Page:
Company To Help with Trials on Cannabis Product

Company To Help with Trials on Cannabis Product
Posted by CN Staff on April 10, 2005 at 17:17:31 PT
By Michelle Miron
Source: Kalamazoo Gazette
Michigan -- Kalamazoo's Apjohn Group LLC has been hired to help bring a cannabis-based analgesic drug closer to market by early next year. British biotechnology firm GW Pharmaceuticals recently announced that it will work with Apjohn to gain U.S. approval to do clinical trials on Sativex, an oral spray derived from cannabis or hemp plants.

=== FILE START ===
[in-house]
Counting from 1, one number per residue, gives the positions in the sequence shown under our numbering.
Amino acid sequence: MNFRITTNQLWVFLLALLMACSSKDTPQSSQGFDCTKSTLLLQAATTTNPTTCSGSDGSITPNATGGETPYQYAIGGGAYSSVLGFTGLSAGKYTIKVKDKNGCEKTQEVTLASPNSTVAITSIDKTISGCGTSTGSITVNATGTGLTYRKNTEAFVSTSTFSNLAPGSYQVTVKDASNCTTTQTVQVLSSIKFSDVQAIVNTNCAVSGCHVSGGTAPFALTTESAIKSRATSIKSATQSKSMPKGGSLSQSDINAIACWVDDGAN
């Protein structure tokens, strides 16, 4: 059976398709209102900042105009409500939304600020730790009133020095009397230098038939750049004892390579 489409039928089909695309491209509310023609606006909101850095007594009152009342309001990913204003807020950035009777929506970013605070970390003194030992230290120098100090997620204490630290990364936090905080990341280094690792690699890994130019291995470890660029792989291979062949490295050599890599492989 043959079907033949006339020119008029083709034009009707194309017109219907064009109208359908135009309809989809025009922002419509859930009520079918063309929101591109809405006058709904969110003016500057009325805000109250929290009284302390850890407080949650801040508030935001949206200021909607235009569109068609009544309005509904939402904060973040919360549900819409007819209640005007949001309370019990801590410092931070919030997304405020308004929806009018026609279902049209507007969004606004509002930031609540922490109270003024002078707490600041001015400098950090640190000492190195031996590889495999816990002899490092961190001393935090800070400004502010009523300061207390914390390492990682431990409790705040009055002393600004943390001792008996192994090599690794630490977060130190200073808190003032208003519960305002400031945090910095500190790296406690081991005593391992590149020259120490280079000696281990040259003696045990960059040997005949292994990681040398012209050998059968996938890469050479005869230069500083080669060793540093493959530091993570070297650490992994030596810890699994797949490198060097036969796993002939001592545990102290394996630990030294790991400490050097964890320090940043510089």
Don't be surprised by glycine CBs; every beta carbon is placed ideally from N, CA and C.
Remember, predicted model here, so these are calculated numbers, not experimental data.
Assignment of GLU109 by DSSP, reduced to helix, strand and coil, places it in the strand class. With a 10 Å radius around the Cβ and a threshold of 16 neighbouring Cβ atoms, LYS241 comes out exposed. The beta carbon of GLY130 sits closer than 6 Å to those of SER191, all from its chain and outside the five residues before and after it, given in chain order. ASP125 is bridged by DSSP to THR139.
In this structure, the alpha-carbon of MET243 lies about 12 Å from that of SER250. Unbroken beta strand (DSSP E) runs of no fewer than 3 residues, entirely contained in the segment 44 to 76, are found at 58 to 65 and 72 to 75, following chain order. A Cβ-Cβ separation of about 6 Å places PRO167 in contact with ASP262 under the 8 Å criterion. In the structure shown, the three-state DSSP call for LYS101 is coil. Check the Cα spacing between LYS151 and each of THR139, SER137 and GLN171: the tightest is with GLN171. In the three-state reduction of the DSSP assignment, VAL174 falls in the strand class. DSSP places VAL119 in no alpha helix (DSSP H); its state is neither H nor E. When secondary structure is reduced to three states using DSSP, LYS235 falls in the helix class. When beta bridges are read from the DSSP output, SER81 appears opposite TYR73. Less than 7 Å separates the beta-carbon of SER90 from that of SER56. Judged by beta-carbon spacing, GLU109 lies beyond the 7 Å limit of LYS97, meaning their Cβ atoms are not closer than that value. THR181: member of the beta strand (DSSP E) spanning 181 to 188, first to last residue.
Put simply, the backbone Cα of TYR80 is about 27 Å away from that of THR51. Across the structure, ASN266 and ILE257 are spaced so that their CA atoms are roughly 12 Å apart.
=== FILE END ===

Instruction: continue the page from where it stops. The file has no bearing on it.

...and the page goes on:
"We're excited about this one," Apjohn Managing Director Donald R. Parfet said. "They (cannabis-based drugs) were sold as medicinals until the 1930s, and now people are re-evaluating the medicinal effects of cannabis. GW has done a really nice job of advancing the science and medicine associated with it." Because some varieties can be illicitly turned into the psychotropic drug marijuana, the growing of cannabis is illegal in the United States, Great Britain and many other countries. But since 1998, GW has had special permission from the British government to cultivate a form of Cannabis sativa that doesn't contain the active substance that causes intoxication, according to GW Pharmaceuticals' Web site. Sativex has been shown to reduce cancer pain, multiple sclerosis-associated spasticity and other symptoms in patients who do not respond to standard therapies, according to the company. Sativex has achieved preliminary approval in Canada and is still being considered for approval in Great Britain. BayerHealthCare is under contract to market it in both countries. Parfet said confidentiality clauses prohibited him from providing details of what Apjohn has done to help bring the product to market, other than "assisting in the pursuit of an NDA (new drug application) in the U.S." Mark Rogerson, a spokesman for GW, said Apjohn was chosen for its "extensive experience in U.S. clinical development, regulatory affairs and public policy." Cannabis Regulated Asked if there is a controversy or stigma associated with the product, Parfet replied: "Of course everyone has their own bias. But what attracts us is how GW has approached this from a traditional medicine standpoint. We think that our task will be pretty straightforward." A similar drug called Marinol, made by Brussels, Belgium-based Solvay Pharmaceuticals Inc., has an ingredient that is a synthetic or chemically derived version of cannabis, said John J. Abbott, an independent pharmaceutical consultant based in Pittsburgh. Marinol, which achieved 2004 sales of 63 million euros, has been on the U.S. market for the last several years and is used as an analgesic for cancer patients and to reduce blood pressure in the eye in glaucoma patients, according to the Solvay Web site. "There's no question that cannabis is a very analgesic agent," Abbott said. "Most scholars in the field feel that the natural substance is much better than the synthetic, but most people who take it are prescribed Marinol because it (cannabis) is illegal to grow or possess in the U.S." He said Apjohn could face a challenge when it comes to promoting Sativex, since the U.S. government has very strict regulations about narcotic, stimulant or depressant drugs categorized as "CII" that have a high abuse potential. MS, Arthritis TargetedAs a public company, GW doesn't make financial forecasts, Rogerson said, but its target market for Sativex encompasses MS, cancer or rheumatoid-arthritis patients. In the United Kingdom alone, 85,000 people have MS, he said, while in Canada 50,000 have the disease. "MS and rheumatoid arthritis are big markets in both Europe and North America, and cancer pain is a significant problem," he said. "Ten to 20 percent of MS sufferers say they have already experimented with illegal cannabis to treat their symptoms. We think it is a reasonable assumption that many more will wish to take a legal prescription medicine." Abbott said that larger pharmaceutical firms like Pfizer Inc., Merck and Co. Inc. and Abbott Laboratories Inc. don't take on such projects. "Most companies wouldn't get into this area because there's probably not enough money in it for all the work that's going to be involved," he said. "But Apjohn is dealing a lot with 'orphan drugs' in what I would call peripheral situations where they have something unique." Complete Title: Local Company To Help with Trials on Cannabis ProductNewshawk: EkimSource: Kalamazoo Gazette (MI)Author: Michelle MironPublished: Sunday, April 10, 2005Copyright: 2005 Kalamazoo GazetteWebsite: letters kalamazoogazette.comRelated Articles & Web Site:GW Pharmaceuticals Plans U.S. Future for Cannabis Drug Approves Cannabis Drug
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